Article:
The coronavirus world pandemic arises from our unwillingness to respect the interdependence between ourselves, other animal species and the natural world more generally. Biodiversity is declining faster than at any time in human history. We clear forests and remove habitat, bringing wild animals closer to human settlements. And we hunt and sell wildlife, often endangered, increasing the risk of disease transmission from animals to humans. The list of diseases that have jumped from animals to humans (“zoonotic diseases”) includes HIV, Ebola, Zika, Hendra, SARS, MERS and bird flu. To put this into perspective, 3 out of 4 new infectious diseases in people come from animals – from wildlife and from the livestock we keep in ever-larger numbers.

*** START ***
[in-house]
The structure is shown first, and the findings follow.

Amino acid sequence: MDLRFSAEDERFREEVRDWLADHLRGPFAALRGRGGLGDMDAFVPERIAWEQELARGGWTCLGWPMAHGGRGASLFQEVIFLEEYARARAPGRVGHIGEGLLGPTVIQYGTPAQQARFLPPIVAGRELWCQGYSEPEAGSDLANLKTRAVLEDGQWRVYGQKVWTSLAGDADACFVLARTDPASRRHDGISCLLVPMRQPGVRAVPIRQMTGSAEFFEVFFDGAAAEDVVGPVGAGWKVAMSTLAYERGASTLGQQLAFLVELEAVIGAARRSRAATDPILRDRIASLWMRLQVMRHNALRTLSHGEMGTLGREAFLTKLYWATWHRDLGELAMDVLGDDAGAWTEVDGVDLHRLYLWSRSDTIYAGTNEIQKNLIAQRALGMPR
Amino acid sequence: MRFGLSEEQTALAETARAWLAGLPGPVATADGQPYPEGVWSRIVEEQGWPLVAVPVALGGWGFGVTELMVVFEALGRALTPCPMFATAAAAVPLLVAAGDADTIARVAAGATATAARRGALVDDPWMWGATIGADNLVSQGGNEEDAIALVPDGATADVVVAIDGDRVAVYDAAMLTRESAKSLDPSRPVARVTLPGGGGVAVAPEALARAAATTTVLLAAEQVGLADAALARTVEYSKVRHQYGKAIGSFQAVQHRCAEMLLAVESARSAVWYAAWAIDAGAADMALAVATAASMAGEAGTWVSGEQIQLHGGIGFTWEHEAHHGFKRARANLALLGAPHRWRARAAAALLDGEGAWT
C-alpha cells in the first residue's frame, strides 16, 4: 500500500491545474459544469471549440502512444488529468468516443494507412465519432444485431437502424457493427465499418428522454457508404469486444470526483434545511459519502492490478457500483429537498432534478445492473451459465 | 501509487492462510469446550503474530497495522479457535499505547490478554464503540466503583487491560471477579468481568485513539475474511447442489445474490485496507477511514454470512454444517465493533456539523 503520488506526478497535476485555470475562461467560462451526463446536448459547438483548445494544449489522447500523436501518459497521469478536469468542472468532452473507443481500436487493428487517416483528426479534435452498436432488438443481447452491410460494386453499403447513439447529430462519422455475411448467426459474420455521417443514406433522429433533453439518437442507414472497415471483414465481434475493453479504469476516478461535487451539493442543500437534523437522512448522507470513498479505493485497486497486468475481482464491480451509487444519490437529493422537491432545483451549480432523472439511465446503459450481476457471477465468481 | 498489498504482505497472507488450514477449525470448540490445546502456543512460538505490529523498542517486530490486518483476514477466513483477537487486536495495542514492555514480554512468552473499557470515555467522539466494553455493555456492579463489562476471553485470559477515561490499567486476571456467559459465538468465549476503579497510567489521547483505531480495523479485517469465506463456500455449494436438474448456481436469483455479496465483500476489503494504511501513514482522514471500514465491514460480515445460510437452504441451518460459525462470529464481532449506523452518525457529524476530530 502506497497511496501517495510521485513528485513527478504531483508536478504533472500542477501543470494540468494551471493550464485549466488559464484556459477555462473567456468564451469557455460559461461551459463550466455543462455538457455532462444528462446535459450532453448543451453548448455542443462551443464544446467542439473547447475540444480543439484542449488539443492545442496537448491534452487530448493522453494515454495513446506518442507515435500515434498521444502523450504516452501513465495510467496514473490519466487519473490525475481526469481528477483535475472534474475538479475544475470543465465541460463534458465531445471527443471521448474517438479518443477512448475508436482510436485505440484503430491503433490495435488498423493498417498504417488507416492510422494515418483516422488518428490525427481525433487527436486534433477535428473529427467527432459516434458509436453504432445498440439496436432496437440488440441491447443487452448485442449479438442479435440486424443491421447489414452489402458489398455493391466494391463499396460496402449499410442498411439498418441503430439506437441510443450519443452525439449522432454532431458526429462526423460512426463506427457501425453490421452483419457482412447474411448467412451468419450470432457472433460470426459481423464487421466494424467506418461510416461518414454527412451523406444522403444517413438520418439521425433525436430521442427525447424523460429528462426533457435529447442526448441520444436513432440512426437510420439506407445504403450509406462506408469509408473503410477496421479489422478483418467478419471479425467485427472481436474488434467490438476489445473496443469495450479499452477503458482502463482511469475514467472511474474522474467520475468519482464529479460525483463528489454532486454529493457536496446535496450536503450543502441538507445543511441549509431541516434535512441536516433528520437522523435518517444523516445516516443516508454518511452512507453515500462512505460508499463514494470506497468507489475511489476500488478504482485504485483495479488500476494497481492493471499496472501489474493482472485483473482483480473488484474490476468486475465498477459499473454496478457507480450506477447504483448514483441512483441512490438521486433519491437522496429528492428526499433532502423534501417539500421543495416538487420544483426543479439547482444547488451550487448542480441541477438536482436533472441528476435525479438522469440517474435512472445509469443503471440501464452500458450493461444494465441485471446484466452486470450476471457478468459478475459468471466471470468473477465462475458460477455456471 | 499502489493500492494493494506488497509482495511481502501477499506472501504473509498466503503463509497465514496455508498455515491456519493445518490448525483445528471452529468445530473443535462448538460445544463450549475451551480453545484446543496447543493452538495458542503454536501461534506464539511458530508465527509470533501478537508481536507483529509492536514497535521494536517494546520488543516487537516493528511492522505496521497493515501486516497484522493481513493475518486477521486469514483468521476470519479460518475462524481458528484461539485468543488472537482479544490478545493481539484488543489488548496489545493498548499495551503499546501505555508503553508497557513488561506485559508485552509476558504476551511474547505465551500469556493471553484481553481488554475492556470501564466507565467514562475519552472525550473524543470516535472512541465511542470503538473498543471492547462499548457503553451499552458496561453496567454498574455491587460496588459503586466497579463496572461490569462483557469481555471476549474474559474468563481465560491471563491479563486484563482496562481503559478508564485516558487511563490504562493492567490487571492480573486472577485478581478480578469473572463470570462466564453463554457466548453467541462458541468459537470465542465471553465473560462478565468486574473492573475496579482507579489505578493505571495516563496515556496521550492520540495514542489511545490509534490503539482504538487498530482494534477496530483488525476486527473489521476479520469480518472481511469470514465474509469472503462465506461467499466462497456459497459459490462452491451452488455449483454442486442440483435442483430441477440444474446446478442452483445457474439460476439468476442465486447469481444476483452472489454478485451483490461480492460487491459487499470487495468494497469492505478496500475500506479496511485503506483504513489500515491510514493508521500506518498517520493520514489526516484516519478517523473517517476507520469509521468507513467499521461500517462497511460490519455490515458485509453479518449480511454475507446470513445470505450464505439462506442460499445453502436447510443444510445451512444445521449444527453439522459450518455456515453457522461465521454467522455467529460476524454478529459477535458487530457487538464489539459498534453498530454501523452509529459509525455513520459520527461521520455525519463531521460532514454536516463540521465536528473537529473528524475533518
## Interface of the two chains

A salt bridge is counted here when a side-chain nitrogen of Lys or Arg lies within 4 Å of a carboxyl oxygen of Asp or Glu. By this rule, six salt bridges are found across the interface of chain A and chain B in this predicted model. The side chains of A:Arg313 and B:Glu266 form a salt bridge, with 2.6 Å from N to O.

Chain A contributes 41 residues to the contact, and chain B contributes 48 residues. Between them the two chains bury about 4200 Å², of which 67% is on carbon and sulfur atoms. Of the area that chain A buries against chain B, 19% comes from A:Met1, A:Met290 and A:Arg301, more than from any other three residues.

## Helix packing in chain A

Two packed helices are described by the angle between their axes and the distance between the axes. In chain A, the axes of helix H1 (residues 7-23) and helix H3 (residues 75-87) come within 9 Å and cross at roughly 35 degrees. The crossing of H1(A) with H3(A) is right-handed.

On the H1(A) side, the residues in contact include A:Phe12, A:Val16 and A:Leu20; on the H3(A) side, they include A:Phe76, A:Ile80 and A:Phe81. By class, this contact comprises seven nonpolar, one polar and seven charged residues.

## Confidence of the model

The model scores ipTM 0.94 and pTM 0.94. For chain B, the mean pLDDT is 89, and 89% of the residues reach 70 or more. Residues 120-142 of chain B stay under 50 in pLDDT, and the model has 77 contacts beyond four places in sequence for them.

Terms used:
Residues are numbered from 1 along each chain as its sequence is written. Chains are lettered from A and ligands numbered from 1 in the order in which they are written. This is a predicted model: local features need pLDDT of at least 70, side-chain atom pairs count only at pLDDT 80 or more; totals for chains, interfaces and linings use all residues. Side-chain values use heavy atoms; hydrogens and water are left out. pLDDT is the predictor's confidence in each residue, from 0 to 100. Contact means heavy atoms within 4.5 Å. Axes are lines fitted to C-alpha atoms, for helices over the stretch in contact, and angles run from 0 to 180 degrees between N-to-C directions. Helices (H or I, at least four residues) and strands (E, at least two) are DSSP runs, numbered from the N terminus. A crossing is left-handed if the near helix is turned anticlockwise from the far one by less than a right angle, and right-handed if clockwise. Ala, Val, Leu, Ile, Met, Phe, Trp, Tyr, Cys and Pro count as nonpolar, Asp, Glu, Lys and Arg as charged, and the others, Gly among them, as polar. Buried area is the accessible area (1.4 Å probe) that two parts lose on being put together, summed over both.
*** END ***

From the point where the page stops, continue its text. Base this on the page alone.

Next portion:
Human health depends on healthy ecosystems. If we are to constrain the emergence of new infections and future pandemics, we must stop our exploitation and degradation of the natural world. The health, social, and economic consequences of COVID-19 should act as a wake-up call for all governments to take stock, carefully consider the evidence, and ensure post COVID-19 responses reverse our war on nature. Because – as pioneering 20th century conservationist Rachel Carson argued, “a war on nature is ultimately a war against ourselves”.